A truck and trailer business has had its fine for safety offences discounted from £475,000 down to £200,000, the Court of Appeal heard last week.
Lord Justice Gross hearing ATE Truck & Trailer Ltd’s appeal over the fine for the death of self-employed worker, William Price, in February 2013, found the fine had been ‘manifestly excessive.’
The court heard on 13 April that His Honour Justice Berlin, sentencing at Wolverhampton Crown Court last year, had ‘strayed’ in basing his fine on Mr Price’s death alone, rather than the ‘causal link’, because it was beyond the basis for ATE’s guilty plea.
ATE had, it was reminded, pleaded guilty and fined for not providing a ‘suitable and sufficient’ risk assessment as required by Regulation 3(1)(a) of the Management of Health and Safety at Work Regulations 1999 ("the Regulations"), contrary to s.33(1)(c) of the Health and Safety at Work Act 1974.
No evidence had been offered against ATE on a separate Count of failing to discharge the duty to non-employees imposed by s.3(1) of the Act.
The court heard how, self-employed William Price, 63, had been working as a contractor for Wolverhampton-based ATE.
A scrap metal dealer since he was 26, he had collected and sold scrap generated through ATE's activity of refurbishing and repairing vehicle trailers since the 1990s.
In 1998, when ATE began to export flat-bedded trailers to customers abroad a new agreement was formed. Price would cut the superstructure from the trailers and retain and sell the metal as scrap, leaving ATE to sell on the flatbed. It was an arrangement that ‘benefited both parties’, the court heard.
On the day of his death, 21 February 2013, Mr Price had been using a forklift truck –which he owned and brought himself onto ATE’s site – to support the trailer roof as he cut off the sides. This was ‘inherently unsafe’, and differed from the method used by ATE’s own employees, which was a safer method involving a crane and forklift for the work.
However, LJ Gross, said ATE’s failure rested on the absence of risk assessment provided to its own employees, which was then not shared with Price.
He said the risk assessment matter was ‘linked causally to the death of a non-employee’. Judge Berlin had therefore ‘strayed’ in focusing on Mr Price’s method of work, as it was ‘not in accordance with the basis of plea’, said Justice Gross.
Despite ‘expressing some concern as to an air of artificiality’ surrounding the plea, LJ Gross could not see any benefit from asking the parties to ‘begin again’, which would cause ‘unnecessary expense’.
The appeal judge agreed with HSE and Pinsent Masons acting for ATE that the case was one of low culpability. Other than absence of the risk assessment, there had been ‘no other criticism’ from HSE on the method of work ATE’s employees followed. He moved the offence from high to low culpability.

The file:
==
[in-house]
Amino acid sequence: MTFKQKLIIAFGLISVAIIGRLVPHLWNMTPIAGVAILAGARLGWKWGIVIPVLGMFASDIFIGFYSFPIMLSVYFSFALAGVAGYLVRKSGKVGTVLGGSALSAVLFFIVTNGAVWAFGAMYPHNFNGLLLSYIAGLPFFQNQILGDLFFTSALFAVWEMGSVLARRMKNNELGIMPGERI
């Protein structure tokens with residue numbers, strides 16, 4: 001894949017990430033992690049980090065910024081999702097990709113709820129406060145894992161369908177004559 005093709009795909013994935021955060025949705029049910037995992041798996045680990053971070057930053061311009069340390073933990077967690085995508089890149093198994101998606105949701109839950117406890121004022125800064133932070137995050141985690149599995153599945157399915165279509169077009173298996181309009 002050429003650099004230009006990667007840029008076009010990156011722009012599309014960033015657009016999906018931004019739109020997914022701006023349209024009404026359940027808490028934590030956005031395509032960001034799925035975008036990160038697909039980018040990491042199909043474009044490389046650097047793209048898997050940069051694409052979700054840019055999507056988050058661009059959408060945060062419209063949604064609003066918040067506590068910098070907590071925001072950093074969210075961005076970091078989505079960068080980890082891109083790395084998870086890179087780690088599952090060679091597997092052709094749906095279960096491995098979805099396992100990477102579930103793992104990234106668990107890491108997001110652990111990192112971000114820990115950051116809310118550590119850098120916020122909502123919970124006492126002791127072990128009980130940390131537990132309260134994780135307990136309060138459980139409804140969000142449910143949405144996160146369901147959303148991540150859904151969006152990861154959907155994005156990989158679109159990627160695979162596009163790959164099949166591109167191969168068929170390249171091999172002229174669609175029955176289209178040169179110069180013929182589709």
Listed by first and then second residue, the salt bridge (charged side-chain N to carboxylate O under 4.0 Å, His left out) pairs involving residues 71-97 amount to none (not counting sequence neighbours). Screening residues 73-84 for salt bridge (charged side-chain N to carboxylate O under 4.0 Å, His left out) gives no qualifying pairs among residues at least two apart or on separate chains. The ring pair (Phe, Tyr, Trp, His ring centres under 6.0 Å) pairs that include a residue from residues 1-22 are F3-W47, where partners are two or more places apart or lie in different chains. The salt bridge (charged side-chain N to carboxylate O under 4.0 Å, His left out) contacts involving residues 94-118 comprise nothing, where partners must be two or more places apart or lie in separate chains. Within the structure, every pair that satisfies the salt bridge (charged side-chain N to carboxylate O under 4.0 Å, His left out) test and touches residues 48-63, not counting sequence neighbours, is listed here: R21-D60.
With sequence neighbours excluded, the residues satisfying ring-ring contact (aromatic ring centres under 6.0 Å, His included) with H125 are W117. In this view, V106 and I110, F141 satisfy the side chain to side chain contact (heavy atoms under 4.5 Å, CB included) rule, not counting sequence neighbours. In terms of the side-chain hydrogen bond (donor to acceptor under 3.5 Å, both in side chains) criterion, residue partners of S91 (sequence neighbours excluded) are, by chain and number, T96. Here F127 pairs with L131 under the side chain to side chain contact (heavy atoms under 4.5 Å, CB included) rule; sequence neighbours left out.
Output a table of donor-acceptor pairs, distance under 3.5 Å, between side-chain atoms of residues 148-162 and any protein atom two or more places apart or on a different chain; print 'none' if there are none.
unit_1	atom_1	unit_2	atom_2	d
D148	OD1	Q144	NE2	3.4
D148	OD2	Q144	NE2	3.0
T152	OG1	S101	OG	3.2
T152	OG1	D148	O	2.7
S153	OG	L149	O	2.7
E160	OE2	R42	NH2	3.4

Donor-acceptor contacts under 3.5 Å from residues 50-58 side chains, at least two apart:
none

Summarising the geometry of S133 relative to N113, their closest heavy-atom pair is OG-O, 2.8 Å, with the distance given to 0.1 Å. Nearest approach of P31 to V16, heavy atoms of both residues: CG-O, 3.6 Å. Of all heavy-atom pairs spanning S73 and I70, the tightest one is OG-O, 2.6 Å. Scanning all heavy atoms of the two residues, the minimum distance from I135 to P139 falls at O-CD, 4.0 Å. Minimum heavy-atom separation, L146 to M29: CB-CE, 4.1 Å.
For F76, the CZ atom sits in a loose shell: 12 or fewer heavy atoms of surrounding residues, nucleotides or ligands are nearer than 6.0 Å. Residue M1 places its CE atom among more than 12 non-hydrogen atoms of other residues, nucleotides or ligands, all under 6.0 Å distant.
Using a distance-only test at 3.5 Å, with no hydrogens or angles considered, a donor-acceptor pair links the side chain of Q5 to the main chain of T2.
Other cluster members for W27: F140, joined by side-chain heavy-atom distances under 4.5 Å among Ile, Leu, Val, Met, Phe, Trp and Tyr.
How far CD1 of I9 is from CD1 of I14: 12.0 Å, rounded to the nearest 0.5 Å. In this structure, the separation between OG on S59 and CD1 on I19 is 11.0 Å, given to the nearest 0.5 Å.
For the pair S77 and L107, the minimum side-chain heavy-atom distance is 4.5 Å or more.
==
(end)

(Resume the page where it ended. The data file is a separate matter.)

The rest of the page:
The next factor in lowering the fine was likelihood of harm arising. The sentencing judge had held that there was a high likelihood, ATE that there was a low likelihood. “We respectfully disagree with both the Judge and ATE. We agree with the HSE that this was a case of medium likelihood,” said the appeal court judge.
As death had resulted, the offence was "a significant cause of actual harm" and he moved the case up a harm level to harm category 1.
The fine he settled on as £300,000 fine reduced by one third to £200,000 for the guilty plea.
'Sympathy cannot determine appeal'
Justice Gross said “the [sentencing] Judge had understandable concerns as to the basis of plea, accepting ATE's guilt in respect of Mr Price via its breach of duty to its own employees.”
But ultimately this was the case before the courts: “We express our sympathy for the family of the deceased. That sympathy cannot determine the outcome of the appeal and no fine of whatever amount can bring back Mr Price,” said Judge Gross.
Sean Elson of Pinsent Masons, writing for the law firm's site Out-Law.com, said: "This was a tragic case, but we are pleased that the Court of Appeal has agreed with the position taken by our client and agreed with the HSE that its culpability was low.”
"We had always considered that on the facts of this case, the fine originally imposed was manifestly excessive and that the original approach taken in trying to apply the definitive guideline for sentencing health and safety offences had been flawed.
"This case also has wider application for the way such cases are dealt with, in particular reinforcing that the courts should have careful regard for any agreed position between the parties as there had been in this case," he added.
ATE judgment here
HSE inspector interview on the case here
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